Photo Credit: Merlin D. Tuttle, Bat Conservation International

SCIENTIFIC NAME: Lasiurus cinereus

STATUS: Poorly known. Found statewide, but are few records of this large species in Alabama. MODERATE CONSERVATION CONCERN.
DESCRIPTION:  Lasiurus cinereus is the largest bat species in Alabama and is very colorful and heavily furred. It is also one of the largest bats in North America with a weight of about one ounce and a wingspan of 13 to 16 inches. Body fur is a mixed brownish-gray, tinged with white, giving it the frosted or “hoary” appearance. Much of the face and neck fur is a mustard-yellow. The ears are short, rounded and are lined in black. As with many of the forest bats in Alabama, a hoary’s wings are much more extensively covered in fur than many of the smaller cave dwelling bat species.
DISTRIBUTION: The hoary bat is one of the most widespread of North American bats occurring in almost all of the continental United States, Mexico and southern Canada. It also occurs in Iceland, Bermuda and the Dominican Republic. It is the only bat found in Hawaii and this Hawaiian subspecies is considered endangered. Distribution is seasonal as it migrates to southern portions of its range during the winter. In Alabama, most hoary bats are encountered as groups of the species migrate through the state in early fall.
HABITAT: Hoary bats are considered forest dwellers. They can be found hanging in foliage usually near forest edges. The roost is usually 10 or more feet high where vegetation covers them above but is clear below. They are seldom found in bat houses or human buildings. Occasionally, they are found in caves near the entrance.  
FEEDING HABITS: They are usually insectivorous, eating a wide variety of insects including moths, beetles and night midges. Very rarely, other bats may be caught as food.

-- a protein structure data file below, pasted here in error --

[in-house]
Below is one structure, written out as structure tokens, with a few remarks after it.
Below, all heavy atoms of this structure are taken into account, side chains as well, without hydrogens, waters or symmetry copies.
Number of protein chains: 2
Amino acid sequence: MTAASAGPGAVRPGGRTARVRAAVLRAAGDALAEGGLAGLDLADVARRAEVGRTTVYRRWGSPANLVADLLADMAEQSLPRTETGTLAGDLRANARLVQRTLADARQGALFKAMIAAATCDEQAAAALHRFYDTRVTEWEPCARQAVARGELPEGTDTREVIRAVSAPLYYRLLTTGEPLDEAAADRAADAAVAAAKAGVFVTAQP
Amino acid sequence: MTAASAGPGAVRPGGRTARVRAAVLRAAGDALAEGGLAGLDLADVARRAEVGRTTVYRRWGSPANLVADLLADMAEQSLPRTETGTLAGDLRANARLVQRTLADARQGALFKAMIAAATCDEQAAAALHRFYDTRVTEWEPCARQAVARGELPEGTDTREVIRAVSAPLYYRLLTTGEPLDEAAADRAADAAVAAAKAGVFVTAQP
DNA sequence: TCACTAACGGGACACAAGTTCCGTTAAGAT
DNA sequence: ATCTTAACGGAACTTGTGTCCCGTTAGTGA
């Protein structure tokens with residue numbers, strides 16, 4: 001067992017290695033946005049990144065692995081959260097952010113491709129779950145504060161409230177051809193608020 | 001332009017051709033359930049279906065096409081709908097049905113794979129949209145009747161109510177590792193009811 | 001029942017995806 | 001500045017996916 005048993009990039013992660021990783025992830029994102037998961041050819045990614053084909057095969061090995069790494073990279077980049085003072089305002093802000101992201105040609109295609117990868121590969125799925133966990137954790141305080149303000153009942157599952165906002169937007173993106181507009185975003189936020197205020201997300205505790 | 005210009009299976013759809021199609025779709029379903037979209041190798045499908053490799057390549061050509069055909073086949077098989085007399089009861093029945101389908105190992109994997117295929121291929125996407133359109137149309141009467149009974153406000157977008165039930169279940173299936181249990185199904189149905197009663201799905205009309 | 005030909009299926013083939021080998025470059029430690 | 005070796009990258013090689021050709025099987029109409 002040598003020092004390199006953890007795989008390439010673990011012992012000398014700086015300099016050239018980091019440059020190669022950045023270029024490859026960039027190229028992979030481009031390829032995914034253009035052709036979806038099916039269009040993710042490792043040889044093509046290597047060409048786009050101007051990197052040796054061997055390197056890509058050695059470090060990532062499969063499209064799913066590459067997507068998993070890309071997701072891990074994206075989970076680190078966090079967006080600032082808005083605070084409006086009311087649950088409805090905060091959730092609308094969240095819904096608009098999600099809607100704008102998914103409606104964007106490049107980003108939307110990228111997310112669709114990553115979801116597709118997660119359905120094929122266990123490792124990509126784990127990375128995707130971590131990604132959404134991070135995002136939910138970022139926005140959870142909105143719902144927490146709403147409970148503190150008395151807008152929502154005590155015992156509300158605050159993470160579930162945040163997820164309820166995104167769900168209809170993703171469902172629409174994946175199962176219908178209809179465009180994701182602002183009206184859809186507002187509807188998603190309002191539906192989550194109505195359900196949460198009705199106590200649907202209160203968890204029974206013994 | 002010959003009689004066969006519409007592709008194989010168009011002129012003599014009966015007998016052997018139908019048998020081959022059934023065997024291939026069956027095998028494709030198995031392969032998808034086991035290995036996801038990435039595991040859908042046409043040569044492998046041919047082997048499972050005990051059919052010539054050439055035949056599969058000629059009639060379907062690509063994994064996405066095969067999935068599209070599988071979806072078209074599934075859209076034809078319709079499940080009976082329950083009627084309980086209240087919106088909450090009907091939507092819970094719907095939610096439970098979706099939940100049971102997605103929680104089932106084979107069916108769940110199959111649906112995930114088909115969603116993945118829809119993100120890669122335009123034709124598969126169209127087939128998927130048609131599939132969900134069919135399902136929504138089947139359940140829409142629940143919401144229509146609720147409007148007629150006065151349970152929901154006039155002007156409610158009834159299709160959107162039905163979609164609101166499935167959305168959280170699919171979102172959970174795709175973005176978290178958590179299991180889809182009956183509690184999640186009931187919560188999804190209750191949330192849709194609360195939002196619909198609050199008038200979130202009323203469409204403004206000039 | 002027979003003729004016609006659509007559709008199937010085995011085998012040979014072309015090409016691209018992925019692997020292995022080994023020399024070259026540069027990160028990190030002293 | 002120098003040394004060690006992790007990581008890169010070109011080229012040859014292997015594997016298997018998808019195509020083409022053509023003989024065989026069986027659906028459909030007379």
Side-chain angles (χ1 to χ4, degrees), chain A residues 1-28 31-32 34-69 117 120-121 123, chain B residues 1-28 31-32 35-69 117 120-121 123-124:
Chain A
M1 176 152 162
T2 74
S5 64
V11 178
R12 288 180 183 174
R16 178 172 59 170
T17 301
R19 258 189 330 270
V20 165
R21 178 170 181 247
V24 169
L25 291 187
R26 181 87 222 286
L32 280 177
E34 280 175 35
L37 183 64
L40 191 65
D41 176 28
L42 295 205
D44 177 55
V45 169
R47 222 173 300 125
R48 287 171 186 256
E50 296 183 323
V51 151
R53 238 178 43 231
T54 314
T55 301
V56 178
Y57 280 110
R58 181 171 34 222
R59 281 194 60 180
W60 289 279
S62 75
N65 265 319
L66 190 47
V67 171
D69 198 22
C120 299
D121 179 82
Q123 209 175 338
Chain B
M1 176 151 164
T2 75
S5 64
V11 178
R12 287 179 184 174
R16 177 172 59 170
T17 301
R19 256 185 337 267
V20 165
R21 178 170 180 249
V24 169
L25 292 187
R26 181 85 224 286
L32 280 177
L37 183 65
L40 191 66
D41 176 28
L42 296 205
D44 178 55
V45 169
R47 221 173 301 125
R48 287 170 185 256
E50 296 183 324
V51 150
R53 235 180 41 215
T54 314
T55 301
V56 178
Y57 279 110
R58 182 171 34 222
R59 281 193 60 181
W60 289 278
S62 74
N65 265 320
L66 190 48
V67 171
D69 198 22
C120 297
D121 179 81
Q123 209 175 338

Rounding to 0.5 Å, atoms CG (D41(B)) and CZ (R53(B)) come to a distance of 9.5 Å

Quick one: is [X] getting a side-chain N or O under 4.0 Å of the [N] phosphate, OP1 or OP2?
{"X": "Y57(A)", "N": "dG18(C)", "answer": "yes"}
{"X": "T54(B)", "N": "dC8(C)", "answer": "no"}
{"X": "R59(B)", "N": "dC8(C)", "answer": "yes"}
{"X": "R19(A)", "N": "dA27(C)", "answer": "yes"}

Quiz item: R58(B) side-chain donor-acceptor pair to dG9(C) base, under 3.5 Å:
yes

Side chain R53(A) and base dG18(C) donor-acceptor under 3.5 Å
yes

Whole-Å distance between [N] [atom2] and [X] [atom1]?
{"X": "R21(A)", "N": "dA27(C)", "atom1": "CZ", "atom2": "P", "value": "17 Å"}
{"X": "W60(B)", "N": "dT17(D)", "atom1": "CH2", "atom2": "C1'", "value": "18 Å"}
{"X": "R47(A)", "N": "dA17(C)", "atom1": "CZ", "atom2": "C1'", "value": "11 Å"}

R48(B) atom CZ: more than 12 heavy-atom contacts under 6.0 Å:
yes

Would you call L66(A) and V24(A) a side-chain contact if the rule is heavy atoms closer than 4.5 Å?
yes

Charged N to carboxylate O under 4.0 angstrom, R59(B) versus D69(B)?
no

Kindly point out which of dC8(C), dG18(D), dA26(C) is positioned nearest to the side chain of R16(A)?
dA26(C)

LIFE HISTORY AND ECOLOGY:  Hoary bats roost and sleep during the day and are active at night.  They are swift and direct flyers as compared with most other Alabama bats. This flight pattern, along with their large size, makes them easily identifiable.  They forage along streams, over clearcuts, and along the edges of waterways and forests. The sexes apparently segregate during the summer. During the summer, one to four young may be born, but two is the usual number. Young cling to the female during the day, but are left at night while she forages for food. Hoary bats are considered solitary bats and are usually found roosting alone. They may associate during the reproductive season, while young are with the mother, and perhaps as small groups during migration.
As with most wild mammals, hoary bats can and do contract and transmit rabies. Though the incidence of rabies in any bat is very low, any bat that appears sick or cannot fly should be avoided. The hoary bat is a very beneficial species and like all Alabama’s bats are a natural means of insect control. 
AUTHOR: M. Keith Hudson, Wildlife Biologist, Alabama Wildlife and Fisheries.